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|Parent company||Random House|
|Founder||George T. Delacorte Jr.|
|Country of origin||United States|
|Headquarters location||New York City|
|Imprints||Dial, Delacorte, Laurel Leaf, Yearling|
Dell Publishing Company, Inc. is an American publisher of books, magazines and comic books, that was founded in 1921 by George T. Delacorte Jr. with $10,000 (approx. $145,000 in 2021), two employees and one magazine title, I Confess, and soon began turning out dozens of pulp magazines, which included penny-a-word detective stories, articles about films, and romance books (or "smoochies" as they were known in the slang of the day).
During the 1920s, 1930s and 1940s, Dell was one of the largest publishers of magazines, including pulp magazines. Their line of humor magazines included 1000 Jokes, launched in 1938. From 1929 to 1974, they published comics under the Dell Comics line, the bulk of which (1938–68) was done in partnership with Western Publishing. In 1943, Dell entered into paperback book publishing with Dell Paperbacks. They also used the book imprints of Dial Press, Delacorte Books, Delacorte Press, Yearling Books, and Laurel Leaf Library.
Dell's earliest venture into paperback publishing began because of its close association with Western Publishing. William Lyles wrote, "Dell needed paper, which Western had in 1942, and because Western by this time needed printing work, which Dell could supply in the form of its new paperback line. So Dell Books was born, created by Delacorte of Dell and Lloyd E. Smith of Western."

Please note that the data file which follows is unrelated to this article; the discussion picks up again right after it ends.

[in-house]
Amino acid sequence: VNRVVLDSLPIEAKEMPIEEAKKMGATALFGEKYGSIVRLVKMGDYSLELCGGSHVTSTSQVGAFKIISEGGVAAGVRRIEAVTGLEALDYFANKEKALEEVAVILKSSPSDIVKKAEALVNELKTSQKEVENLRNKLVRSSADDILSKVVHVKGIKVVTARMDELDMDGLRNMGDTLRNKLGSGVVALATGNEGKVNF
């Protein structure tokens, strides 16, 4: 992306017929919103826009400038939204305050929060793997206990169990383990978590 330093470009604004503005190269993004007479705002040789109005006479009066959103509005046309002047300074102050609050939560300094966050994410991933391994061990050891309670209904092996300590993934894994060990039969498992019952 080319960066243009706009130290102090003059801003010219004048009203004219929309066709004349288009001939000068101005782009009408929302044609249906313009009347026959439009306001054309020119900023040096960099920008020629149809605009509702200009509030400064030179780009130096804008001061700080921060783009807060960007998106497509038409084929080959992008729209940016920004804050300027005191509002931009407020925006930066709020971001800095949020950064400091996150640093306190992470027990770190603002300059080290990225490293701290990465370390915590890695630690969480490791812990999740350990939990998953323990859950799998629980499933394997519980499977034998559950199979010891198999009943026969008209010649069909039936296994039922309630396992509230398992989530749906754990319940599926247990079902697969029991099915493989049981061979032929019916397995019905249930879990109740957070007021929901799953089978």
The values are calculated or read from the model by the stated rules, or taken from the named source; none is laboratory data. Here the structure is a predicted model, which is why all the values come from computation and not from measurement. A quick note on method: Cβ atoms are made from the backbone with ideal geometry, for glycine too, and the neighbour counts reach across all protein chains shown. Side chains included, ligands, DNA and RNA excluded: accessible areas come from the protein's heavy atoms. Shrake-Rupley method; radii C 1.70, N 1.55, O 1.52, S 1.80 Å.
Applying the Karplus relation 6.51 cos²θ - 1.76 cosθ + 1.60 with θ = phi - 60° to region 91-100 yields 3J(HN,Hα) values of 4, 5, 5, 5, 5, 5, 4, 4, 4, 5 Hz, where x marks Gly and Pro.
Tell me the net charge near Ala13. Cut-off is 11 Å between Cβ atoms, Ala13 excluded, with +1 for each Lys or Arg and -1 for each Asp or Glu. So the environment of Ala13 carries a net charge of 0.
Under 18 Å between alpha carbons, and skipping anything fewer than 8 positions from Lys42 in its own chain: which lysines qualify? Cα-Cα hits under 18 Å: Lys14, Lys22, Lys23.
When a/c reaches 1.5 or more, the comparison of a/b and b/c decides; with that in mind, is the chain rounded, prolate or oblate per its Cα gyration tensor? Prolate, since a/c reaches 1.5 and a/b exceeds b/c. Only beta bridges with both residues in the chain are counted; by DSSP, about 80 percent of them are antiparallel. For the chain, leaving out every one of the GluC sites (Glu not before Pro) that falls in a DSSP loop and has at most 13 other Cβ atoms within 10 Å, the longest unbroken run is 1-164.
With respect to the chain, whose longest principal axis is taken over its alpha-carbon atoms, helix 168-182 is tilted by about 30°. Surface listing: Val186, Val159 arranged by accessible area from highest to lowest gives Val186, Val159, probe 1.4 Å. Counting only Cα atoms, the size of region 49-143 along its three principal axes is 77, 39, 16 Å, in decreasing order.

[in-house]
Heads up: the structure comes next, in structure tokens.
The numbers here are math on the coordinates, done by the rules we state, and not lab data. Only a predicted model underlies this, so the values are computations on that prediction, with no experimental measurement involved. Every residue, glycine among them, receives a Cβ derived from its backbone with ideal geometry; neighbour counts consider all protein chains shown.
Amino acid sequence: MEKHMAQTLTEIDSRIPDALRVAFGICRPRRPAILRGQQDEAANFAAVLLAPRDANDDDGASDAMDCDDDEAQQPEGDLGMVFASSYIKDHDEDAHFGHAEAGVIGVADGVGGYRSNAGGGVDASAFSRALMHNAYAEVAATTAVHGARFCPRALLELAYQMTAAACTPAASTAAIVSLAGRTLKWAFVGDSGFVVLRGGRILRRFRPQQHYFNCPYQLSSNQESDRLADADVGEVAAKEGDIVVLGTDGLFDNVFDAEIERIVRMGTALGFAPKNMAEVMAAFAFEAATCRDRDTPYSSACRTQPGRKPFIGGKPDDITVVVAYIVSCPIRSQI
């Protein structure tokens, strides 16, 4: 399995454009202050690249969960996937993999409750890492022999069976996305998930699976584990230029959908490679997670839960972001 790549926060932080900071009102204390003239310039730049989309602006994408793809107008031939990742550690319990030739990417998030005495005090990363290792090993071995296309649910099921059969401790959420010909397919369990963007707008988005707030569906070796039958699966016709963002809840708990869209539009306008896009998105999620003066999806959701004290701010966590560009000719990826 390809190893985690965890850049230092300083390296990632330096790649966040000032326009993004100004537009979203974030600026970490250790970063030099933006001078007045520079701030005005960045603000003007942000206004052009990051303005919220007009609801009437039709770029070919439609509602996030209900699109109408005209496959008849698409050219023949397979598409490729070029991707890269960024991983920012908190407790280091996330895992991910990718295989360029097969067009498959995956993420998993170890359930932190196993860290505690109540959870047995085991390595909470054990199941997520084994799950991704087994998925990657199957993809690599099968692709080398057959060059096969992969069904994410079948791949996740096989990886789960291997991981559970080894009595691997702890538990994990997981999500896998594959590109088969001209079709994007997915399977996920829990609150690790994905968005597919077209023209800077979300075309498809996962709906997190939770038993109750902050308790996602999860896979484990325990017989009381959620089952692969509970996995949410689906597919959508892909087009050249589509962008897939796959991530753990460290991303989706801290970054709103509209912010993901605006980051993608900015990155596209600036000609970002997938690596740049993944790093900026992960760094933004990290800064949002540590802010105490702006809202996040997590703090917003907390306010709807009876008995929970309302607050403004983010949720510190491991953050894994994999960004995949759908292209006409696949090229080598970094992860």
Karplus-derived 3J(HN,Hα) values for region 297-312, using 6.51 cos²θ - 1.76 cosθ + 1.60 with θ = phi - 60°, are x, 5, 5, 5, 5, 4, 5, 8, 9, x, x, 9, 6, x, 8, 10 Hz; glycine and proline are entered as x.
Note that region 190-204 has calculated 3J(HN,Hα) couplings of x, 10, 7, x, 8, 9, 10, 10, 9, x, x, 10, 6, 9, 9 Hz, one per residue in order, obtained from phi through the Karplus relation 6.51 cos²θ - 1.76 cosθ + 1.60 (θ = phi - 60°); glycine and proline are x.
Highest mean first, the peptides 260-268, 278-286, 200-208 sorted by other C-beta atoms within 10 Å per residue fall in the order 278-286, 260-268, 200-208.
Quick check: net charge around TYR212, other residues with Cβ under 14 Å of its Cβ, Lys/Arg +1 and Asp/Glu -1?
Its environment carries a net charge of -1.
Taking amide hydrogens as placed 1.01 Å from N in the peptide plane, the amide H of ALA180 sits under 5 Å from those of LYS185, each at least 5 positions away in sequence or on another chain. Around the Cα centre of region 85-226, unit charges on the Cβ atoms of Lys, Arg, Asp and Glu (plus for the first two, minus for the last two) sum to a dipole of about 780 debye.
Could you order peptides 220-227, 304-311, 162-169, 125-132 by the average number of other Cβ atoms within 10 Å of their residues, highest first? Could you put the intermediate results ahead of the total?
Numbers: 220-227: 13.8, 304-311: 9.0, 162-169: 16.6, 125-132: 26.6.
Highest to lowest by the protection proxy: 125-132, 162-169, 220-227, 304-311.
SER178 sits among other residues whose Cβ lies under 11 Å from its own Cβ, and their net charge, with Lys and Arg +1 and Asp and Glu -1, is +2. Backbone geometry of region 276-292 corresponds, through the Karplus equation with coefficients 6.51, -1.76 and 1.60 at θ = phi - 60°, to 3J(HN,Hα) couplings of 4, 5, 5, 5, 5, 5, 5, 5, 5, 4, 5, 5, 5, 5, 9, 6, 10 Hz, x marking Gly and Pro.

Dell began publishing paperbacks in 1942 at a time when mass-market paperbacks were a relatively new idea for the United States market—its principal competitor, Pocket Books, had only been publishing since 1939. An examination[whose?] of paperback books available at this time shows no consensus on standardization of any feature; each early company was attempting to distinguish itself from its competitors. Lyles commented, "Dell achieved more variety than any of its early competitors. It did so, at first, with an instantly identifiable format of vibrant airbrushed covers for its predominantly genre fiction, varying 'eye-in-keyhole' logos, maps on the back covers, lists of the books' characters, and 'tantalizer-pages'. The design was merchandising genius; it successfully attracted buyers, it sold books."
The first four books did not feature maps on the back cover; this began with Dell #5, Four Frightened Women by George Harmon Coxe. (A later re-issue of Dell #4, The American Gun Mystery by Ellery Queen, added a map.) The map was meant as an aid to the reader, to show the location of the principal activity of the novel. Some were incredibly detailed; others somewhat stylized and abstract. The books were almost immediately known as "mapbacks", and that nomenclature has lasted among collectors to this day. The maps were "delicate and detailed".